Conservative policy adviser says judge's move to strike down ObamaCare was a 'case of judicial activism'

Conservative policy adviser Avik Roy said in an interview that aired Tuesday on "Rising" that a U.S. District Court judge's move last week to strike down the Affordable Care Act (ACA) was a "classic case of judicial activism." 

"I totally agree with some of the right-of-center writers, and obviously liberal writers, who have said this is a classic case of judicial activism, of the judge just saying 'I don't like ObamaCare so I'm just going to invent a reasoning to say that the whole law is unconstitutional,' " Roy, the president of the Foundation for Research on Equal Opportunity, told Hill.TV's Buck Sexton and Krystal Ball on Monday. 

Roy served as a health-care policy adviser to Mitt Romney's 2012 presidential campaign and a senior adviser to Rick Perry's 2016 presidential campaign.

His comments come after Texas federal Judge Reed O'Connor struck down former President Obama's signature health-care law on Friday, arguing that the individual mandate cannot be separated from the rest of the law.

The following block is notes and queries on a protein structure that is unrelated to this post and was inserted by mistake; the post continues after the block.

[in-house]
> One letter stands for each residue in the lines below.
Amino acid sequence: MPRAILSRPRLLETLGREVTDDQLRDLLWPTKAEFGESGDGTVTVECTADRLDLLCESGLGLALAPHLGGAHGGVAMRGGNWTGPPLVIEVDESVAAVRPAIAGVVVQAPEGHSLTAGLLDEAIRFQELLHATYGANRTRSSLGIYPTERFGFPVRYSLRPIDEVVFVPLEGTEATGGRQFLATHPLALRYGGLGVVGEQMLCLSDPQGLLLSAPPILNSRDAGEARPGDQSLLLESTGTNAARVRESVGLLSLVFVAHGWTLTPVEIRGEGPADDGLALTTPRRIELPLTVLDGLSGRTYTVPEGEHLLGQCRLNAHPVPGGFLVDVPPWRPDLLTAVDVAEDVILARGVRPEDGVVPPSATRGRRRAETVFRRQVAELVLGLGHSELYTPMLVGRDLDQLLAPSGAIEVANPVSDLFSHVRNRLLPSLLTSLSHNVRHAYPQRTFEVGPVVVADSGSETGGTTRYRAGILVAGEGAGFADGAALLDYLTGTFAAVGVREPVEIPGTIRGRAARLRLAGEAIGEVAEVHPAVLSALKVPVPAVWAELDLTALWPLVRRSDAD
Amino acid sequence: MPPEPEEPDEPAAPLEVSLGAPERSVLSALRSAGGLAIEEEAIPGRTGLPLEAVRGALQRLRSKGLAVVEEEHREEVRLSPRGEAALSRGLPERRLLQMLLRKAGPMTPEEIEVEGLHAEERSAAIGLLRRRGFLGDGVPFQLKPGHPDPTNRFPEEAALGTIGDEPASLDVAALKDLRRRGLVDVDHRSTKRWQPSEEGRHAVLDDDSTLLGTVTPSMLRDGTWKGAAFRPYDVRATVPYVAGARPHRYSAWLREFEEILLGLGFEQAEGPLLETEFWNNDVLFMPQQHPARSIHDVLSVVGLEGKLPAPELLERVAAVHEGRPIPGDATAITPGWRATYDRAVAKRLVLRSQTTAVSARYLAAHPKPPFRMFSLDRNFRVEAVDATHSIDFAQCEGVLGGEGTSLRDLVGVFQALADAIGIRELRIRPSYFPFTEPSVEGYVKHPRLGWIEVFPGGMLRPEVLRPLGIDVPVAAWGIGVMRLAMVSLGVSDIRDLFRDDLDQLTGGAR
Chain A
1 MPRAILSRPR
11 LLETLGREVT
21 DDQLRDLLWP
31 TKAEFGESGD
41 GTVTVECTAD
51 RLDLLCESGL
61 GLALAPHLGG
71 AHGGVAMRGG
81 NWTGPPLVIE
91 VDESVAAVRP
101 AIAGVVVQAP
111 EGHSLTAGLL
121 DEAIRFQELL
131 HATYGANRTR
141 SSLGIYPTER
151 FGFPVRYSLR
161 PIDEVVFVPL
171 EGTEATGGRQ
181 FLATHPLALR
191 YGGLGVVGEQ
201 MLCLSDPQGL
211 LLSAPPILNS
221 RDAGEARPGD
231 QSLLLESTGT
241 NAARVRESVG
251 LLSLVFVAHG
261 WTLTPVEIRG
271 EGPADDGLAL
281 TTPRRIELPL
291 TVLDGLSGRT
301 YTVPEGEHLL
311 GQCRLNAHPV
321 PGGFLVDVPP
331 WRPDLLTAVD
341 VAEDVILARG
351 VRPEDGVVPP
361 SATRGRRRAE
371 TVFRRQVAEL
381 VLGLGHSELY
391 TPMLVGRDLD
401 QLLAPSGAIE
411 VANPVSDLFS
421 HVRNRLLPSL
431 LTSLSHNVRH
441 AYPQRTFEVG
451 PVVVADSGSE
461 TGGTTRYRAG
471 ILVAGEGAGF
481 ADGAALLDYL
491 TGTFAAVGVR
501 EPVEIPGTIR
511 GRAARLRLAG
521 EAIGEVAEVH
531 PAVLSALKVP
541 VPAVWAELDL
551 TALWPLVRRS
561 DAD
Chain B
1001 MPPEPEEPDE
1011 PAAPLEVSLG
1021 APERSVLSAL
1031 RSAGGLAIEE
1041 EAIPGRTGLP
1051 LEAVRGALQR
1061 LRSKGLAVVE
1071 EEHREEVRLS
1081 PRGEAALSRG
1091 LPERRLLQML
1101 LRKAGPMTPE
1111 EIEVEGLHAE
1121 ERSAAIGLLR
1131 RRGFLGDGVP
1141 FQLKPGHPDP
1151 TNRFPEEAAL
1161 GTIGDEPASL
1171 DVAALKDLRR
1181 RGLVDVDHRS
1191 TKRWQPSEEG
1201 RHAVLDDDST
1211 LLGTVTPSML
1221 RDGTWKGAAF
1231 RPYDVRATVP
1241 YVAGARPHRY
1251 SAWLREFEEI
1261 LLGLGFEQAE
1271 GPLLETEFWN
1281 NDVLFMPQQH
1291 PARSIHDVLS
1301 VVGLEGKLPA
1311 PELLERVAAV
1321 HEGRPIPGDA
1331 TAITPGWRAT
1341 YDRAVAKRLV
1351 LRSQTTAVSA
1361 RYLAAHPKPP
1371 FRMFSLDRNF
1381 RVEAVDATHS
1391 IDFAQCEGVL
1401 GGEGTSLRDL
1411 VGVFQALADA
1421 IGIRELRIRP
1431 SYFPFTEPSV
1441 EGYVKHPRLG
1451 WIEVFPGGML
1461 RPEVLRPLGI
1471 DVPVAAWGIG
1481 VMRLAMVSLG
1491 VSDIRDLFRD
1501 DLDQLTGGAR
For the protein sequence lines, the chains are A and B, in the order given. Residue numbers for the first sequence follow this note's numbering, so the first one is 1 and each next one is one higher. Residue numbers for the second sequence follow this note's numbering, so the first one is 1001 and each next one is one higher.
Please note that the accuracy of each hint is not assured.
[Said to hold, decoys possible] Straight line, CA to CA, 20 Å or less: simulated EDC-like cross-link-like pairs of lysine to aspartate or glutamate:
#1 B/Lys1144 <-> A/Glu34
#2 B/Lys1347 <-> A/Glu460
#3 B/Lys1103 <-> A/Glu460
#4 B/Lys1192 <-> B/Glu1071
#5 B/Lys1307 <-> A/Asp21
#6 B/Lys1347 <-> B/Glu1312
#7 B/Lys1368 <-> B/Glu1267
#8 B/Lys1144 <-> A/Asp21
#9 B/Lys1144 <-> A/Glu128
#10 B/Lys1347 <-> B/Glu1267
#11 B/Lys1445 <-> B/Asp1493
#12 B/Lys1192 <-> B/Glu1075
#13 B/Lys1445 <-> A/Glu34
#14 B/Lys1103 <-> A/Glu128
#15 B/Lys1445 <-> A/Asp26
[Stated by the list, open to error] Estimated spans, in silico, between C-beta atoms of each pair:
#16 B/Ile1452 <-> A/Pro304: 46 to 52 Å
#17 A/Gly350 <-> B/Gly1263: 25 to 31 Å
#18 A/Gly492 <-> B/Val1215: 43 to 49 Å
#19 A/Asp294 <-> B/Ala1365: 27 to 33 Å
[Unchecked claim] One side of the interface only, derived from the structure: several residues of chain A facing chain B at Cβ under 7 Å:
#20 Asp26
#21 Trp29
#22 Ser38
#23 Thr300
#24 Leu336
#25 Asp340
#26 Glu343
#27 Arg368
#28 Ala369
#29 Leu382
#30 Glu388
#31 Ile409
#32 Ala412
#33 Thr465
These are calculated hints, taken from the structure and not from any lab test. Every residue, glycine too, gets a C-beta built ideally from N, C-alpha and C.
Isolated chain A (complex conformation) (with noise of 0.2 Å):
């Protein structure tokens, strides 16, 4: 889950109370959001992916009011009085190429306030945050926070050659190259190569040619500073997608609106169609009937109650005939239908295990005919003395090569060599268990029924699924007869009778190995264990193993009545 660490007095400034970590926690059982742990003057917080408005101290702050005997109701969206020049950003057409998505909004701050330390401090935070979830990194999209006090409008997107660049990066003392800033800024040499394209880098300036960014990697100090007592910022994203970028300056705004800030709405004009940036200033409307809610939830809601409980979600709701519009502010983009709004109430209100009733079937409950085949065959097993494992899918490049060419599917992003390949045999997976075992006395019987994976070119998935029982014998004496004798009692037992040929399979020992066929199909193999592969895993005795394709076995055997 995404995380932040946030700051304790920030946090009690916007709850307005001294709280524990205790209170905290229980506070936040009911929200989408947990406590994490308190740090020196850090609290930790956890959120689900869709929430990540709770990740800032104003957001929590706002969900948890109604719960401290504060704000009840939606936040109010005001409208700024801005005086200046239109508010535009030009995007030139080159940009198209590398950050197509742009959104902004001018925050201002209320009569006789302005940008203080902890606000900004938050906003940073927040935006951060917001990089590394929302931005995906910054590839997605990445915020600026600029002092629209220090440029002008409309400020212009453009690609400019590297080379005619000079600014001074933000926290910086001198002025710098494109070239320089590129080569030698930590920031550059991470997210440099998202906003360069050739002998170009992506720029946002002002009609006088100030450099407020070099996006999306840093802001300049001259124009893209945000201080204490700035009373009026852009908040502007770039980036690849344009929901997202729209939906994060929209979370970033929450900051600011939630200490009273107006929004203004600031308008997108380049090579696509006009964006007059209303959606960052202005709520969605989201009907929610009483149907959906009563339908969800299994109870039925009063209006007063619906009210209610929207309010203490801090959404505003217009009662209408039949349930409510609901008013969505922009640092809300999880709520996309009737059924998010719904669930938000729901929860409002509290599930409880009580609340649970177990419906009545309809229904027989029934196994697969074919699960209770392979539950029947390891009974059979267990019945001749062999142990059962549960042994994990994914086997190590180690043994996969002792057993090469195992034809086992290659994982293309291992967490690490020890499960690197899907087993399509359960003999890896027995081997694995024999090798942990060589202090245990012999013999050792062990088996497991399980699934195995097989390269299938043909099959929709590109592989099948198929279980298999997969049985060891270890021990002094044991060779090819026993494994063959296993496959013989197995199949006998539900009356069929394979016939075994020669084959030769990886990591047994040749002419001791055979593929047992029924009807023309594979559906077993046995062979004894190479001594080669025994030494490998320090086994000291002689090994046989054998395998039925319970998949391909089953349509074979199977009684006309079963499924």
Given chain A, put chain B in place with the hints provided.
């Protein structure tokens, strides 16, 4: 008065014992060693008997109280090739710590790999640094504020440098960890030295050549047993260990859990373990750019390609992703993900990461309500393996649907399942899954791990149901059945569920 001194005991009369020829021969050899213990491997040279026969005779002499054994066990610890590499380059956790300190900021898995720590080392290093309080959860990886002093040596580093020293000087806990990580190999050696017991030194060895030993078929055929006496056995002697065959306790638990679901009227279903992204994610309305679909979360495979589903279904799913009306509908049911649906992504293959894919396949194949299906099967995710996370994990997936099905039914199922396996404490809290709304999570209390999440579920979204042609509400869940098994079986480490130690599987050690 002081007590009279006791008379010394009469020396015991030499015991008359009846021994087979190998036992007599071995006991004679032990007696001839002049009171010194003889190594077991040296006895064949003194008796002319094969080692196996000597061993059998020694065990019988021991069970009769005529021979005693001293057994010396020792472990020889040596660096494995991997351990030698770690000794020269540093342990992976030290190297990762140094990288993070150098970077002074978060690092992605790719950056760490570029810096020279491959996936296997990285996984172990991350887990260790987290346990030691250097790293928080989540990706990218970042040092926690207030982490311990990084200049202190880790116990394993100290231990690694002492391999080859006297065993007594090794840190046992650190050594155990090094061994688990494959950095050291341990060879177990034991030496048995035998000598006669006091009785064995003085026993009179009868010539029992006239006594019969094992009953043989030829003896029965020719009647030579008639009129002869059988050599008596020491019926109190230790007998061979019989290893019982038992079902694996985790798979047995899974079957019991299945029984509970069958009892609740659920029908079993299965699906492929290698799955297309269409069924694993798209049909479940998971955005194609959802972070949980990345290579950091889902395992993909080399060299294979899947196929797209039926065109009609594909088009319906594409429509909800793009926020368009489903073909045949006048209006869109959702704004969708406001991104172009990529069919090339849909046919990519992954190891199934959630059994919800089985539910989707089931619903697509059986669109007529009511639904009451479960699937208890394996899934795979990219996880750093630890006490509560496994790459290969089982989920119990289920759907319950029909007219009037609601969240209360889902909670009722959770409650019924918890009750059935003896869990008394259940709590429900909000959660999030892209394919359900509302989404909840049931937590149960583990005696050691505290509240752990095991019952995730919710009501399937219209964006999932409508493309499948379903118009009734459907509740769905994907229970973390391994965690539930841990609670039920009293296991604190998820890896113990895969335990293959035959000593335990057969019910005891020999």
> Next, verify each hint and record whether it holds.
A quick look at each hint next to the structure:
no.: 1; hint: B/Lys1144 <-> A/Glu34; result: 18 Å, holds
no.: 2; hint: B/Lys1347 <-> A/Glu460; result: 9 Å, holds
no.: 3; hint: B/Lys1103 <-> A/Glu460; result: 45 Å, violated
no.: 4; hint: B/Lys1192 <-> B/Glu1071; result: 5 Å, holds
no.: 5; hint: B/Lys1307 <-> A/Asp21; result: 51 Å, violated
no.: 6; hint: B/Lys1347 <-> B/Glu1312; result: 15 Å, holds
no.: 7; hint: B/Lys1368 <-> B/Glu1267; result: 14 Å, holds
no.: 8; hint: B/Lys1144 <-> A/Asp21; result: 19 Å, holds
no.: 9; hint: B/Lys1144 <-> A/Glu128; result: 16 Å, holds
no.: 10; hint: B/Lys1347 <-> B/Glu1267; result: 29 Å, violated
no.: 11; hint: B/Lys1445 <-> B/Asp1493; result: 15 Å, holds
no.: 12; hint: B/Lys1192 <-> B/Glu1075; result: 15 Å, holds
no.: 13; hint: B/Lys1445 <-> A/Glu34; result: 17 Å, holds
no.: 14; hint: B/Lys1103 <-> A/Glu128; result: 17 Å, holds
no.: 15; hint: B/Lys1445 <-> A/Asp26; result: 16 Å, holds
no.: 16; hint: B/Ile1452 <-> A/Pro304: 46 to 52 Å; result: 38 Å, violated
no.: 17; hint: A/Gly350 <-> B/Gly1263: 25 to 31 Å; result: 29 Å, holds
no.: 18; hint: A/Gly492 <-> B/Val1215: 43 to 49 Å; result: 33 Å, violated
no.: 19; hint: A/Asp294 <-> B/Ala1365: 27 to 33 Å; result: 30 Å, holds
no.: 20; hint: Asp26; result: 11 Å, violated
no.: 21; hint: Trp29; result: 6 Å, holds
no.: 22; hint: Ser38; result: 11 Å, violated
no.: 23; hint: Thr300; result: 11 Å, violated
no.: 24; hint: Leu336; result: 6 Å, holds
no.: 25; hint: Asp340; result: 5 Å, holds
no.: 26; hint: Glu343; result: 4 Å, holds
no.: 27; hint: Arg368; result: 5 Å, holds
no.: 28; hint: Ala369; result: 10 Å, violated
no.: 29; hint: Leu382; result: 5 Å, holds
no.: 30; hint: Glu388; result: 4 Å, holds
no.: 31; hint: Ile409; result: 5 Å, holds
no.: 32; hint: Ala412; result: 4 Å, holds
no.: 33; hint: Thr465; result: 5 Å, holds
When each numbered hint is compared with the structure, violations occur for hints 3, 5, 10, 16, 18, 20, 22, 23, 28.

Roy disagreed with O'Connor's argument, saying the individual mandate is not needed for ACA to function. 

"This whole conception that ObamaCare requires an individual mandate for the rest of ObamaCare to work, that's something that for eight years I've been disagreeing with, and I think the evidence has shown that that's true. Congress in 2017 zeroed out the penalty for the individual mandate and that year, the year after that, enrollment actually went up in the Affordable Care Act's exchanges," Roy said. 

"So the individual mandate in ObamaCare, the specific one that was in there, wasn't as strong as a lot of people thought. It wasn't having the effect that a lot of people thought, and it's not necessary for the rest of ObamaCare to work," he added. 

— Julia Manchester